An investment firm run by Microsoft founder Bill Gates has paid $80 million for 25,000 acres of Arizona desert to serve as the site of a new “smart city.” To be known as Belmont, the city will be made up of 80,000 residences, as well offices, retail spaces and civic amenities such as schools and police stations. The city will serve as a test ground for the latest in logistical and infrastructural technologies.
This article was originally published by Common Edge as "The Work of Architecture in the Age of Mechanical Reproduction."
I attended graduate school, in geography, in Tucson, Arizona, in the late 1990s. Tucson draws fame from a number of things, including its Mexican-American heritage, its chimichangas, its sky islands, and its abundant population of saguaro cacti.
Plenty of things about Tucson, though, are perfectly, achingly ordinary.
Perhaps the most ordinary thing about Tucson led me to develop something halfway between a hobby and an academic pursuit. On occasion, whether for sport or research, friends and I used to go “sprawl-watching.” We were not exactly, say, Walter Benjamin strolling through the arcades, embracing the human pageantry of Paris. But we did our best to plumb Tucson’s depths.
How much space do we really need to take up in order to have rich and rewarding lives?
In this short documentary for The Atlantic, filmmaker Sam Price-Waldman visits Arcosanti, the revolutionary experimental community and urban laboratory envisioned by architect Paolo Soleri. Since its founding by Soleri in the northern Arizona desert in 1970, the city has grown and evolved as it has demonstrated how to create a walkable, social city that could meet the needs of future societies.
The video is narrated by architect and Arcosanti co-president Jeff Stein, who explains how the city is able to maximize the potential of architecture for providing for communities, and features interviews with several Arcosanti community members.
Architecture Students From Taliesin West Learn Survival Skills by Creating "Little Shelters" in the Arizona Desert
Students from the Frank Lloyd Wright School of Architecture, Taliesin West have designed and built “Little Shelters,” a collaborative project in the Sonoran Desert in Arizona, as part of a design and build studio led by little maps.
The project began with an individual exercise, where students Daniel Chapman, Mark-Thomas Cordova, Jaime Inostroza, Dylan Kessler, Pablo Moncayo, Natasha Vemulkonda, and Pierre Verbruggen each created their own temporary shelters. Partially due to harsh desert conditions, the students, with their instructor David Tapias, later decided to design and build as a collective effort instead.
Is there such a thing as a perfect prison? Is it possible, even in theory, to satisfy needs as potentially contrasting as those of inmates, victims and society?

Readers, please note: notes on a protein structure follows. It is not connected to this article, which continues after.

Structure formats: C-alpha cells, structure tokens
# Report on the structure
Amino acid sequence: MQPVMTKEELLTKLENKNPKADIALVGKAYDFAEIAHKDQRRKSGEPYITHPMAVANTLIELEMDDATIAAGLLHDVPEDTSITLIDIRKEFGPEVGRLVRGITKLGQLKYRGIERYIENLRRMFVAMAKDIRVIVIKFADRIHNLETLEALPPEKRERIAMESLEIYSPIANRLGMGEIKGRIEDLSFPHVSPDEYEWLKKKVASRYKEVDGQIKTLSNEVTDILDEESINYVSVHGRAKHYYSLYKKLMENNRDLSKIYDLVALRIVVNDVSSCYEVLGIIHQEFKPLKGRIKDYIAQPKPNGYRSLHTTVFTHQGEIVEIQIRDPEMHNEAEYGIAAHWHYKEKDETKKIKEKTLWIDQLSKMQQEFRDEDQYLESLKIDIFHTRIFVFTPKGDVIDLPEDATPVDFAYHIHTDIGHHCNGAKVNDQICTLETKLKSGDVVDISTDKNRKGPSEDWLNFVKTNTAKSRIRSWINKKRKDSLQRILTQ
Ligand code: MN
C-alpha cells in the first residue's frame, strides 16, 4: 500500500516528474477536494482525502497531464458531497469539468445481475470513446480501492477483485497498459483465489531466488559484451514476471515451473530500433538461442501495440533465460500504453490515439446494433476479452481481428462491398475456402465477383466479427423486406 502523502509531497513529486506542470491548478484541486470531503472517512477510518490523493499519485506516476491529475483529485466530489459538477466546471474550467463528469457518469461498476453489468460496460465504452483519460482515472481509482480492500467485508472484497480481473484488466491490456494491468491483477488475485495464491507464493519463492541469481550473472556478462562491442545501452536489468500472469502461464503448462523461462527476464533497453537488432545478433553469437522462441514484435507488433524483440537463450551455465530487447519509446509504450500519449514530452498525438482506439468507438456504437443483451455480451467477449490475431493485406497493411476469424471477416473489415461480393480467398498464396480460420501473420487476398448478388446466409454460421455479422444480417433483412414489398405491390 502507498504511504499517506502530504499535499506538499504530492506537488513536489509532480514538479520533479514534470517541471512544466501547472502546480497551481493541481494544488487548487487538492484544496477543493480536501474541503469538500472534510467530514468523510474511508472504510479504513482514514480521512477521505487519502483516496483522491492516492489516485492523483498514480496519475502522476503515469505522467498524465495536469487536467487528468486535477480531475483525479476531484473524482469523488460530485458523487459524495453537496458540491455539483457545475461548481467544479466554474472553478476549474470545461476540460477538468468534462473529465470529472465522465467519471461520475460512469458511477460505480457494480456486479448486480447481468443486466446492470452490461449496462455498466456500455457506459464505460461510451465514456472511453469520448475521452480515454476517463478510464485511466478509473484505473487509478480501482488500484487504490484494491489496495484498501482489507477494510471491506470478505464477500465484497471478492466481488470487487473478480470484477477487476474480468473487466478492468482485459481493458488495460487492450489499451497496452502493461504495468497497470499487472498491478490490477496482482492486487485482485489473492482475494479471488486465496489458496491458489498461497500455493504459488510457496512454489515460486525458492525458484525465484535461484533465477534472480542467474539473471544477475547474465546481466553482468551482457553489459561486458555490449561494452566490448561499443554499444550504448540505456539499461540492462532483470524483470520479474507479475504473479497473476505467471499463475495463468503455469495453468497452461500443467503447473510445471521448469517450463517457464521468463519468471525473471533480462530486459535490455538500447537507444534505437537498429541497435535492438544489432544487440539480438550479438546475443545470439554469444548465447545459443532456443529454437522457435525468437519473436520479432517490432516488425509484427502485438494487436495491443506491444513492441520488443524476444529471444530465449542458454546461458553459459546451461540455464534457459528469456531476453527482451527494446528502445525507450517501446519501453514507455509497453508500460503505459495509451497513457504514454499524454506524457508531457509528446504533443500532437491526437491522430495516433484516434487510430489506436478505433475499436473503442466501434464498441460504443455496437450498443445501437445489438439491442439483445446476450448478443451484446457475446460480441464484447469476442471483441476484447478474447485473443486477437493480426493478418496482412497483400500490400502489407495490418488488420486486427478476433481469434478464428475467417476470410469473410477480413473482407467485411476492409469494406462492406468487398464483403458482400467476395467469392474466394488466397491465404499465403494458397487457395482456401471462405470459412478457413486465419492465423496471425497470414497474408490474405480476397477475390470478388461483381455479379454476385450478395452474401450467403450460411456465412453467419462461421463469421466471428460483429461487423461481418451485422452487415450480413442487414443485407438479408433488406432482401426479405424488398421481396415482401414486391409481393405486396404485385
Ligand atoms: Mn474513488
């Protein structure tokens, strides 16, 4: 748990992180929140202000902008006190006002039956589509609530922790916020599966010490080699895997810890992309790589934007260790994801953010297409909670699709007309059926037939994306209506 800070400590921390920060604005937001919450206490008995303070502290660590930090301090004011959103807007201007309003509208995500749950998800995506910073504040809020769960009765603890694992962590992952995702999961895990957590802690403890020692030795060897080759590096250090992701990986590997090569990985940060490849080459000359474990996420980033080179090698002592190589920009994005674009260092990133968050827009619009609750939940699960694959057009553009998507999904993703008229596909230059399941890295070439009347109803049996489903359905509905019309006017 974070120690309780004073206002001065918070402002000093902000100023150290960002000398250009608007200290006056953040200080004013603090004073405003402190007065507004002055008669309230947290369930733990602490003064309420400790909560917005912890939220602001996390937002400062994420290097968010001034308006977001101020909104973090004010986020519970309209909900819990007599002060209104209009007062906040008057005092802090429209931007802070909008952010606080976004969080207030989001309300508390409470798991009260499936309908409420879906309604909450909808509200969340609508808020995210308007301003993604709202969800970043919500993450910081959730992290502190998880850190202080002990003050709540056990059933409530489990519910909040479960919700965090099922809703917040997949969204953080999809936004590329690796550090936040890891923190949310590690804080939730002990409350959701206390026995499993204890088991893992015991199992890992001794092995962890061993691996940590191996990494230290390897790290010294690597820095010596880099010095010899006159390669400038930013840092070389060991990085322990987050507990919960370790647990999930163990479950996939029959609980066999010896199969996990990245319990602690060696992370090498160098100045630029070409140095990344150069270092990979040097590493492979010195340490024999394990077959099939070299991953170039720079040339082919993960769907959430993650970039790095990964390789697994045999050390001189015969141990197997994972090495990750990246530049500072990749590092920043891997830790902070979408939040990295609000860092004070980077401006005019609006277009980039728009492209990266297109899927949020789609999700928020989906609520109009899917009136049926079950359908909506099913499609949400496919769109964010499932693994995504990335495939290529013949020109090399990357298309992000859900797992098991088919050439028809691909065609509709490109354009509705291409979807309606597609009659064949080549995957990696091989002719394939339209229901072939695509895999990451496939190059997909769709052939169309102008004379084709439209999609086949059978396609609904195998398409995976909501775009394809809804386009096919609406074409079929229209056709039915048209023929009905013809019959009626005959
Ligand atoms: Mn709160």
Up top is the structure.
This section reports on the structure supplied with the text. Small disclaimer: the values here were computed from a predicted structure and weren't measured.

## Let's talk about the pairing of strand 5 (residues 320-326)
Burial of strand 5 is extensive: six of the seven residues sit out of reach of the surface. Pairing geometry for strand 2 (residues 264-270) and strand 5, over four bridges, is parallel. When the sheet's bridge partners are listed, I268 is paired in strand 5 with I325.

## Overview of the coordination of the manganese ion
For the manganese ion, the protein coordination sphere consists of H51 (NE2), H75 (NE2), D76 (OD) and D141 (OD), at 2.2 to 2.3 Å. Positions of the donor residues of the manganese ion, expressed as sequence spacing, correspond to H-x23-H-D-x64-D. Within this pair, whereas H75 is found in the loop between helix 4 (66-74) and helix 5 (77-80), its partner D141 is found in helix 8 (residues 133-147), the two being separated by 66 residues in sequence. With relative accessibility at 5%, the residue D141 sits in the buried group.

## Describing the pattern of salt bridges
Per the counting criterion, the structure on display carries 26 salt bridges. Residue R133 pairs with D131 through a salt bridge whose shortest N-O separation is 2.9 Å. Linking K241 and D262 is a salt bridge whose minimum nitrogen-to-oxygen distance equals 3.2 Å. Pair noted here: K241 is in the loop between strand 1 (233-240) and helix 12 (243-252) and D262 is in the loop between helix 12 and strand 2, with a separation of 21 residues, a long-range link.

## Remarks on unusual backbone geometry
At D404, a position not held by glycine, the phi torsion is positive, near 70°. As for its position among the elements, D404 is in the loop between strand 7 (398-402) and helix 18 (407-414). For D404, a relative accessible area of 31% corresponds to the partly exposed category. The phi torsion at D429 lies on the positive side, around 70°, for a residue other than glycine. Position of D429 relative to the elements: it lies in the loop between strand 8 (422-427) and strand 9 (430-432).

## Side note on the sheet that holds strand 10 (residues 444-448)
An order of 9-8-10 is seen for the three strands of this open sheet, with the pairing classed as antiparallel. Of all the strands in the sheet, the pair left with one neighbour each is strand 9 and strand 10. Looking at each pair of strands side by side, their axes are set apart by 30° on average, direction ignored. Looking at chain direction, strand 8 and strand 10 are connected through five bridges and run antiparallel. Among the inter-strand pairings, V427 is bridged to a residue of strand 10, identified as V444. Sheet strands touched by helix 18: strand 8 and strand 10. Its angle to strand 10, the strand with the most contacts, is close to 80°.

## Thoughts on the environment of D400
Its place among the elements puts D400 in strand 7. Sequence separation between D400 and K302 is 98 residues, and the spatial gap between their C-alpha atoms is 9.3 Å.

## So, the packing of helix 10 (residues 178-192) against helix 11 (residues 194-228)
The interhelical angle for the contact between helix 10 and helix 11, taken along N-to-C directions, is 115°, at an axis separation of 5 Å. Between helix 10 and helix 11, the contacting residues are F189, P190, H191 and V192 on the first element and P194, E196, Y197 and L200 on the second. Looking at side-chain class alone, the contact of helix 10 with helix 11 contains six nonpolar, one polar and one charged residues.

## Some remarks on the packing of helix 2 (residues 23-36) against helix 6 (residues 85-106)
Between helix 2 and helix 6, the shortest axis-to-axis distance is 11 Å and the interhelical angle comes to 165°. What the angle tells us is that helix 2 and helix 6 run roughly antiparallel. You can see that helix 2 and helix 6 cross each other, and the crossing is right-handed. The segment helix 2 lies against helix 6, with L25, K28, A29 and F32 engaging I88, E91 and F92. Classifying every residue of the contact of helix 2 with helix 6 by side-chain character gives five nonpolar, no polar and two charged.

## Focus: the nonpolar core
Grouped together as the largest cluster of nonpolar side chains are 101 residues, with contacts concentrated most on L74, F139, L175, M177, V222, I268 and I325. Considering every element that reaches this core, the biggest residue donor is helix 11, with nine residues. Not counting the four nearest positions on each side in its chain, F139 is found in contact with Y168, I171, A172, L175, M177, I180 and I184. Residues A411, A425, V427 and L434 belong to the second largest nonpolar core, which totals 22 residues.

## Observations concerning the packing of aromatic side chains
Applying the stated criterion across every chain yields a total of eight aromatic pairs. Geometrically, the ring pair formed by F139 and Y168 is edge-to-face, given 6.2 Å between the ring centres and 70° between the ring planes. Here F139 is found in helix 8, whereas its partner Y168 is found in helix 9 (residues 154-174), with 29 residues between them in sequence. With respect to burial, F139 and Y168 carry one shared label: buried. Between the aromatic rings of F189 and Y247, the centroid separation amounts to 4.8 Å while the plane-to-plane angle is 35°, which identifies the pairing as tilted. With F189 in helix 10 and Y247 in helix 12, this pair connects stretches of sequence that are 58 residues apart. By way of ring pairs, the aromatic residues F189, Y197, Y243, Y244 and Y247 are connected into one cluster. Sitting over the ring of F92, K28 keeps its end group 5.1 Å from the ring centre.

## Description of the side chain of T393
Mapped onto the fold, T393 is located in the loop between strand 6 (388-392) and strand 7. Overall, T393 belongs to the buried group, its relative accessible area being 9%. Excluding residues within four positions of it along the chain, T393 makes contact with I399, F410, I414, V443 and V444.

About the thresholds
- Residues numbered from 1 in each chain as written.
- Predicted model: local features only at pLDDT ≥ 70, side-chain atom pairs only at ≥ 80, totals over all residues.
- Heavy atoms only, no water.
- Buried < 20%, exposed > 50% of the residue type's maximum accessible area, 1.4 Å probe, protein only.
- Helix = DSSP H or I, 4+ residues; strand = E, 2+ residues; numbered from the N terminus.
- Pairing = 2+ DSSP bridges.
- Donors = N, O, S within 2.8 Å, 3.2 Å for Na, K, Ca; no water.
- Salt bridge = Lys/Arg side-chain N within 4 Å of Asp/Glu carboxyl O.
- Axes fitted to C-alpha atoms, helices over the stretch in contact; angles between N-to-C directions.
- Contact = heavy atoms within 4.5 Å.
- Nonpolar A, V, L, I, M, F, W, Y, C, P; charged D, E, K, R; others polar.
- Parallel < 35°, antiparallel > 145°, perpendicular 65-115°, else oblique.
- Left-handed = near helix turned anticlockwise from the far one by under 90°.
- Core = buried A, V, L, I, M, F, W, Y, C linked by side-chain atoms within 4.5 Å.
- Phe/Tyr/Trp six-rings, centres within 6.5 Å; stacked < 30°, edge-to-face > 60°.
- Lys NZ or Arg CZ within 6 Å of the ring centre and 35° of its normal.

Rather than avoiding prison design on moral grounds, Combo Competitions wants to encourage architects and designers to confront the issue, looking for fitting solutions to a problem that is yet to be solved.
The goal of Prison Puzzle is to design an ideal prison, located in the desert of Arizona, United States. The concept should address the different interests and requirements found in inmates, victims as well as society as a whole, and the
PBS’ American Masters series and Latino Public Broadcasting’s VOCES series have teamed up for the first time to delve into the life and work of Pedro E. Guerrero, a Mexican American photographer from Mesa, Arizona, who is known for his photography of the works of Frank Lloyd Wright, among other artists.
The film, Pedro E. Guerrero: A Photographer’s Journey, explores Guerrero’s photography, showing his collaboration with Frank Lloyd Wright to “produce insightful portraits of important modernist architecture,” which launched him to become “one of the most sought-after photographers of the ‘Mad Men’ era.” While Guerrero was extremely popular at the time, his story today is still largely unknown.
Architectural LEGO® artist Adam Reed Tucker has summoned a team of kids to help him rebuild Taliesin West as the largest Frank Lloyd Wright LEGO® structure in history. Unveiled this past Thursday, the eight by four foot model was comprised of more than 180,000 standard LEGO® parts. Tucker spent 40 hours researching and studying the project, 120 hours designing and 260 hours constructing the final model. Taliesin West, nestled in Scottsdale, Arizona’s Sonoran desert, was the winter home of Wright and is home of the Frank Lloyd Wright School of Architecture. It remains one of the most visited Wright sites in the world.